OpenAI is the second start which Altman co-founded. The first was at the age of 19, Lubet, and for his development he left computer science at Stanford. It received seed funding from YCombinator, a platform that quickly became famous with the help of other tech companies like Reddit, Dropbox, or Airbnb. He managed to sell Loopt (which allowed selective location sharing with other people) for $43 million, even though he expected much more than that. At the age of 28, the founders of YCombinator offered him to run their program: “He has a natural ability to persuade people,” says Paul Graham, the founder of that company and a prominent figure in Silicon Valley. “If it wasn’t innate, it completely developed before I was 20. I met Sam when I was 19 and I remember thinking then: ‘This is what Bill Gates should have been,'” he explained.

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Why do I want more money

Money doesn’t seem to be one of his priorities: “I’ve earned more than I’ll ever need,” he asserts. A year ago she went shopping for her grandmother and later admitted to her mother that she had not been in a supermarket in four or five years. According to Graham, power matters more to him, and he has investments in a lot of areas startup companies with which he earned a lot of money. From OpenAI, he asserts that he only charges social security fees; He’s not in it for the profits. In 2016 he said he didn’t want much: his house in San Francisco, his cars, his ranch in Southern California and a $10 million reserve, whose annual interest would cover his expenses, were enough. The rest, always according to Altmann, would be for the betterment of mankind.

Now that global success has reached him, legends from his past have emerged. Altman is the typical young man who has been told by his brothers that he should run for president and does not take it as a joke. Altman speaks in a guttural voice and slowly, as if he likes to hear what his voice has to say. The comparisons it receives are naturally exorbitant: Kevin Scott, chief technology officer of Microsoft, whose company invested $10 billion in OpenAI this year, told The New York Times That Altman would end up on the same plane as Steve Jobs, Bill Gates, and Mark Zuckerberg.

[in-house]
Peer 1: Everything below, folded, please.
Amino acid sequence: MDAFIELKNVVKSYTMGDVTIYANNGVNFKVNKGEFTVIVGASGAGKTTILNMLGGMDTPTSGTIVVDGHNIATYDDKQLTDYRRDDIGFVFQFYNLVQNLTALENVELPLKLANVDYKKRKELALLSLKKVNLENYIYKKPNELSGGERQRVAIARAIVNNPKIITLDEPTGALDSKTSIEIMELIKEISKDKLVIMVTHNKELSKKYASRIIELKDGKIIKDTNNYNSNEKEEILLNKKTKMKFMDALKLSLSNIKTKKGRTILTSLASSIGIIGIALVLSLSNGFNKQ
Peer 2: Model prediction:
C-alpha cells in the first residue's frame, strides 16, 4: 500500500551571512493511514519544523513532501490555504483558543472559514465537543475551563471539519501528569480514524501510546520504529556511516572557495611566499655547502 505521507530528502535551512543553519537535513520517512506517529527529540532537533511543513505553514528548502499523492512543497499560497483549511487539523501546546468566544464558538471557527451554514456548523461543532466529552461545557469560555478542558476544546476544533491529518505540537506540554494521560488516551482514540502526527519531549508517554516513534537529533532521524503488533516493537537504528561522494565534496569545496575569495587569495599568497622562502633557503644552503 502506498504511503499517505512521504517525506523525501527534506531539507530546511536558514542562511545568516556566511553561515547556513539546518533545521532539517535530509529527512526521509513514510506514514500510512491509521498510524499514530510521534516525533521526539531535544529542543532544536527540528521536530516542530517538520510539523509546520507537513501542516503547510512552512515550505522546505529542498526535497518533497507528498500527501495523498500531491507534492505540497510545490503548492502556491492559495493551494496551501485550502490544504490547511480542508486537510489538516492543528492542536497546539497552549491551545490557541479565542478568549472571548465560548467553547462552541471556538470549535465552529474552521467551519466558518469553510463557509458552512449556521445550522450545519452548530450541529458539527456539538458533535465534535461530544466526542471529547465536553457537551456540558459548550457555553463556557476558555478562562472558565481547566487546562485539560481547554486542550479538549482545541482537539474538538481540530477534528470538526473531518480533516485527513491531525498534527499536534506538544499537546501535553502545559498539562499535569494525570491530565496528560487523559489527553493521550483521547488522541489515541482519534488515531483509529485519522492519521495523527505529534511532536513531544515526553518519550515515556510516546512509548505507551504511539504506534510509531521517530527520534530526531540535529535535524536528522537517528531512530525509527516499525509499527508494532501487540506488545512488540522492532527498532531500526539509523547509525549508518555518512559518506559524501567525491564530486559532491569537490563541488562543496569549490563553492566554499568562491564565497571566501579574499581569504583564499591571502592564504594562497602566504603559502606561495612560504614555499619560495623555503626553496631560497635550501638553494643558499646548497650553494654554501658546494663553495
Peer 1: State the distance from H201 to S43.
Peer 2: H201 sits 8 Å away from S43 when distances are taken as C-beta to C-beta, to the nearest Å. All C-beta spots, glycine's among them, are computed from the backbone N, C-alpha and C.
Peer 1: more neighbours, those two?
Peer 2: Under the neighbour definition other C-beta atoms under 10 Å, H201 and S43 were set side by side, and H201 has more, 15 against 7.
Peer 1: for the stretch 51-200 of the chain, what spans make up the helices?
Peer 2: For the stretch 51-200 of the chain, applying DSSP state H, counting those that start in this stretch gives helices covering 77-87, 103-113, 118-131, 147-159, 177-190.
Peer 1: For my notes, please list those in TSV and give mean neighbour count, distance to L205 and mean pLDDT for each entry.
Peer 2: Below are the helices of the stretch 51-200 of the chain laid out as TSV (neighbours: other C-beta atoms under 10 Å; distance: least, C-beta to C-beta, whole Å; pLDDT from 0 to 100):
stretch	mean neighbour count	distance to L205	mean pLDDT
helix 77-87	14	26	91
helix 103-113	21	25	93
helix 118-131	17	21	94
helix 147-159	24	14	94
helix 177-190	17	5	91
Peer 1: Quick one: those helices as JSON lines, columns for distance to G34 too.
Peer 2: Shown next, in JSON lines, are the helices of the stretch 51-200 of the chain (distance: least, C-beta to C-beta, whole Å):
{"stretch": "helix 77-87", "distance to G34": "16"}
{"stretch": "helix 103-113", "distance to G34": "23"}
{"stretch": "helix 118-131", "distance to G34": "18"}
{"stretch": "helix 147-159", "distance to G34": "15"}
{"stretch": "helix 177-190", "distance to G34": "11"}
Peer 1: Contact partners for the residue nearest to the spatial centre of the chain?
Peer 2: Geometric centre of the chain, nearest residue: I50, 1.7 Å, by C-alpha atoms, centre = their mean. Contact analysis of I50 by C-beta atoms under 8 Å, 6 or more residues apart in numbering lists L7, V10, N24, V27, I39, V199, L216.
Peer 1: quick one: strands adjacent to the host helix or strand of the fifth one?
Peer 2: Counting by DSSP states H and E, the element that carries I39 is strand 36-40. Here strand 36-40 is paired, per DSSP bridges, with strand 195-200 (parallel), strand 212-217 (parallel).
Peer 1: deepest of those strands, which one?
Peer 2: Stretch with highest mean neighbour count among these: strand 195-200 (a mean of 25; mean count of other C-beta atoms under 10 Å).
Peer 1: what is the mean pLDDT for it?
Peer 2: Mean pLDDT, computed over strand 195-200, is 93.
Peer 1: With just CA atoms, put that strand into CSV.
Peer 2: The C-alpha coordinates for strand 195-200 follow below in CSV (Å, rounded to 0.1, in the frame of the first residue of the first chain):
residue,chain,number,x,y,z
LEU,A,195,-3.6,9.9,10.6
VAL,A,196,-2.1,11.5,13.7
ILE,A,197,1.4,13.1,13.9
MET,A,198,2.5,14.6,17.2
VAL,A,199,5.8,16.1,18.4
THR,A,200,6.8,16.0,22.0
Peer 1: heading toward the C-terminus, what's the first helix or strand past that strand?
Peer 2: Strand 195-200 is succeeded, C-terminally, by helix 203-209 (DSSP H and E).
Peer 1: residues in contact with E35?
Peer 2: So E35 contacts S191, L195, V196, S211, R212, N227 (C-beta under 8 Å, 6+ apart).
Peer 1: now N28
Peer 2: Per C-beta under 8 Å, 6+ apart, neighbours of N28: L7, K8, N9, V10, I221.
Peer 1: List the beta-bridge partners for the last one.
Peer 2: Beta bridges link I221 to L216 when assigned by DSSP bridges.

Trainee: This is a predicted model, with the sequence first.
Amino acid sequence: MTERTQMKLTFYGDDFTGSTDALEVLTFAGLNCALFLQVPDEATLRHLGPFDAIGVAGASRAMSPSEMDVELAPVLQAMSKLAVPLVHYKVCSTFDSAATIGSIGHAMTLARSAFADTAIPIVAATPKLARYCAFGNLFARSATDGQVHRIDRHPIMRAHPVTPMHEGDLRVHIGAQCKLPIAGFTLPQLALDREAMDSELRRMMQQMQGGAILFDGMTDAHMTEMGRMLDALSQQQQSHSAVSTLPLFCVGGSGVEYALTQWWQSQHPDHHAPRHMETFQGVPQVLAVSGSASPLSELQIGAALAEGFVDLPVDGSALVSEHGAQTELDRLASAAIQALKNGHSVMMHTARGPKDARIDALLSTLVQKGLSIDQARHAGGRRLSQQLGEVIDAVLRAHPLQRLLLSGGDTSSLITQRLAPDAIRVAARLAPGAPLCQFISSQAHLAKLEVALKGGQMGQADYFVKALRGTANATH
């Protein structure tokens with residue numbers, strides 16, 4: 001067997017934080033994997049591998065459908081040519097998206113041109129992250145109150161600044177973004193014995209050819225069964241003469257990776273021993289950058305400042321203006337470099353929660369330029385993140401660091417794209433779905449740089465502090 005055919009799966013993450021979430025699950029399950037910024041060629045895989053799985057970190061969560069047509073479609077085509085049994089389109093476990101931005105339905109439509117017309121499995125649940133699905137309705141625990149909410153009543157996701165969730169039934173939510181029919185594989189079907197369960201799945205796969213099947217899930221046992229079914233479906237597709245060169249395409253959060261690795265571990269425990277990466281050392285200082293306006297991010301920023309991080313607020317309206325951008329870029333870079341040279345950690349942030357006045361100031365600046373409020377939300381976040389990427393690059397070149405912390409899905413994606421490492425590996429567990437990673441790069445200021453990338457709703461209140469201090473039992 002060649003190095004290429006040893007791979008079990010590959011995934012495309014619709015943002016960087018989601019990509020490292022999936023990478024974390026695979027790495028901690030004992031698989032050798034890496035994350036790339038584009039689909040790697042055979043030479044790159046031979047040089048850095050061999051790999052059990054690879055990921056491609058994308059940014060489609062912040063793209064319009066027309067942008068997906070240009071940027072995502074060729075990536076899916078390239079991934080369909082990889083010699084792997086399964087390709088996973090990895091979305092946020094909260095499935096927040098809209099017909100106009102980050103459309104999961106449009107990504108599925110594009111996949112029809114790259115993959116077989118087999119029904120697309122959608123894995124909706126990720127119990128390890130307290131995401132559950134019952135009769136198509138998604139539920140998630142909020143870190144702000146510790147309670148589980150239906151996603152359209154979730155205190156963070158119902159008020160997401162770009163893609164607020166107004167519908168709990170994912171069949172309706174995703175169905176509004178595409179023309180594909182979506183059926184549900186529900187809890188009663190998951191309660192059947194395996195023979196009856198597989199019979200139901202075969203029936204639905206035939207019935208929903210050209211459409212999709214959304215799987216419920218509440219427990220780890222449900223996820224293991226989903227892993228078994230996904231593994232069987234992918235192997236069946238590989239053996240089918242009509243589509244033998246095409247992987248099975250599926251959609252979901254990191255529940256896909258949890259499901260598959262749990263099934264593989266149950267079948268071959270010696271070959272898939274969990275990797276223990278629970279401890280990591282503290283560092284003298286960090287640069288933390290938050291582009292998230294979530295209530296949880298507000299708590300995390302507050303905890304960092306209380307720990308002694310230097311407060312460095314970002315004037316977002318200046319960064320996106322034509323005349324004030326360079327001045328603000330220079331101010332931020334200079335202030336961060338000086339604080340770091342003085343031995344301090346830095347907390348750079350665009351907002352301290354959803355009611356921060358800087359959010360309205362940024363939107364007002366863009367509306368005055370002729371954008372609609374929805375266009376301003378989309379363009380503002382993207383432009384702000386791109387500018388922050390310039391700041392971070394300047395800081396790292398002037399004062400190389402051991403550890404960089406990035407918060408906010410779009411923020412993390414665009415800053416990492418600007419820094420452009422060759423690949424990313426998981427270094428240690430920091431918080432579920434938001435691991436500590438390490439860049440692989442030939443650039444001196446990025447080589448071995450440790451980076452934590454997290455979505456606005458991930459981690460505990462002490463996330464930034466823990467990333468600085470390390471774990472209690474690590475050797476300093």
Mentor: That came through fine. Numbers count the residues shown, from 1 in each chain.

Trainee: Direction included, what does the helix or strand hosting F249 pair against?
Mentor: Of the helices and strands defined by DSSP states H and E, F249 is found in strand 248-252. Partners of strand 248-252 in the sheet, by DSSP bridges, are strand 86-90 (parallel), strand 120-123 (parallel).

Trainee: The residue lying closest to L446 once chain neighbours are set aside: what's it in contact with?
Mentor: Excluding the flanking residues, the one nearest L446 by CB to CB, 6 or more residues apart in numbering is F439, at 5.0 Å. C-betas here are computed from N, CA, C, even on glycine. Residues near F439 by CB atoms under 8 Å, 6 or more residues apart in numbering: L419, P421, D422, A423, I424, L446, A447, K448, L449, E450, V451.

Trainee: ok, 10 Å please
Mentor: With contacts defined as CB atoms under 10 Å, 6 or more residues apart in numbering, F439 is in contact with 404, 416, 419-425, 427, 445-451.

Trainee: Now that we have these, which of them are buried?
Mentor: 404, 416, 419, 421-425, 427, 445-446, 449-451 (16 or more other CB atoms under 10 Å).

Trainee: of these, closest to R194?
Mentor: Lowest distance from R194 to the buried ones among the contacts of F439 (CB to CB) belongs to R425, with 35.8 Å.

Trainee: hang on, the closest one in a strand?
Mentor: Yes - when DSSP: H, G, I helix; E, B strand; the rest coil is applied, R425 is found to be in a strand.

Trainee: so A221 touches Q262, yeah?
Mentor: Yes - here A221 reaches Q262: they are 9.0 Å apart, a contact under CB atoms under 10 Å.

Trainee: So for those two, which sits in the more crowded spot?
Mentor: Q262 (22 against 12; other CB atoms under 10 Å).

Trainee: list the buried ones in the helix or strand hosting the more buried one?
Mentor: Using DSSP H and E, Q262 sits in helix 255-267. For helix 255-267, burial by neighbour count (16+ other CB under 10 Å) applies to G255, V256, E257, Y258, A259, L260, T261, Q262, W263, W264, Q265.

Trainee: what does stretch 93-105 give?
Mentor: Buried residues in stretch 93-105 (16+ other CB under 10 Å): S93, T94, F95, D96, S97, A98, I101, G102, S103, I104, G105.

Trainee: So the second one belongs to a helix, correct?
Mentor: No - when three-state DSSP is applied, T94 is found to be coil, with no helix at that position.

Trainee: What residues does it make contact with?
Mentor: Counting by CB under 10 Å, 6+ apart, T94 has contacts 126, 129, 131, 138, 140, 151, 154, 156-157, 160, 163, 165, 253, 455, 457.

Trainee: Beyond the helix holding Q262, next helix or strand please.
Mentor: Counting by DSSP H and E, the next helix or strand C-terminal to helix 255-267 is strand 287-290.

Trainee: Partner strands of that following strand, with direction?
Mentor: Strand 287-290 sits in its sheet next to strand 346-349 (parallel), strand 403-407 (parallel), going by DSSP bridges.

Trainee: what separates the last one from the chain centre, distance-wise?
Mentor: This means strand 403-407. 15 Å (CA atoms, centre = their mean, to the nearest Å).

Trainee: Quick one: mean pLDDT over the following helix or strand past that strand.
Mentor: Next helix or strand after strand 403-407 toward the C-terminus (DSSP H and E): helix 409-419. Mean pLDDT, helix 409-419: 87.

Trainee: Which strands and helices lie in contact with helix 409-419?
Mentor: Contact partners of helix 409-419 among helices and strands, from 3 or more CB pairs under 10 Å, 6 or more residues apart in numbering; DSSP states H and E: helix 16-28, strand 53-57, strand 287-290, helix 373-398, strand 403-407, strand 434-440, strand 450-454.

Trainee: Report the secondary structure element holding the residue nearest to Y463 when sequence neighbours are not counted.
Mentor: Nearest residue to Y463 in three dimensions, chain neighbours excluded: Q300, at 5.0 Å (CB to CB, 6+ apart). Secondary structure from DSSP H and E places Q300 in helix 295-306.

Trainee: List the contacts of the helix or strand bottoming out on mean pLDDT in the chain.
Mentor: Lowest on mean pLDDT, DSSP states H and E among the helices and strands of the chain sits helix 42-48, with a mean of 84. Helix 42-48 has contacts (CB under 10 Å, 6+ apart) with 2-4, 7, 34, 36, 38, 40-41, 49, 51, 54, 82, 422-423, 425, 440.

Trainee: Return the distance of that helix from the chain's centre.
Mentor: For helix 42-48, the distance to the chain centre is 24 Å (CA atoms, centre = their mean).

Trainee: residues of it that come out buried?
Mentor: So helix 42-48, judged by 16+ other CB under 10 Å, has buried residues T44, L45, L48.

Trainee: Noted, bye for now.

Although Altman is obviously not famous as a singer or athlete, his influence is even greater. This week he was in Madrid for 24 hours, as part of a world tour he’s organized to see and hear. Currently, he has met with the presidents of Spain, France, the United Kingdom and Germany. After speaking at IE University of Madrid, he spent half an hour chatting with the students. They took pictures of him and people wanted to tell him their stories (something Altmann himself had specifically requested). The conversation flowed as if someone was getting more attention at a cocktail party, but in a polite manner.

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How to succeed

With his position at YCombinator, Altman has also become a mentor to startup companies. In 2014 he taught a course at Stanford University called How to Start a Startup. There he introduced this mathematical formula: “Result [de una startup] It is something like an idea [multiplicada] Each product for each execution of each team is by luck, where luck is a random number between zero and ten thousand. literally. But if you do really well in all four areas that you can control, you have at least a good chance of achieving some measure of success.” Scientist: “A great secret is that you can bend the world to your will. The percentage of time is amazing” or “Self-confidence is so powerful. The most successful people I know believe in themselves almost to the point of delusion.”

Ole start, Loopt, was an app for sharing your location with friends and family of your choice, and it’s one of those ideas that sound good until they collide with the complex realities of human life. Altman is today the co-founder of Worldcoin, a company that aims to collect irises from all humans to prove their identity. One of its purported purposes is that if an artificial general intelligence brings massive wealth to the world, that money can be distributed and actually identify humans. He always promises as much privacy as possible, but these are methods she seems to give little thought to their potential abuse. The business, for example, is just one of the future problems it intends to solve: its investment in Helion, start Nuclear fusion, is one of his major interests today.

Mixing humans and machines might sound like fantasy today, but it’s something Altman has joked about for years. Journalist The New Yorker who wrote his profile in 2016 jokingly said he used to go to the bathroom often: “I will practice going to the bathroom so often that humans don’t realize I’m an AI expert,” he replied.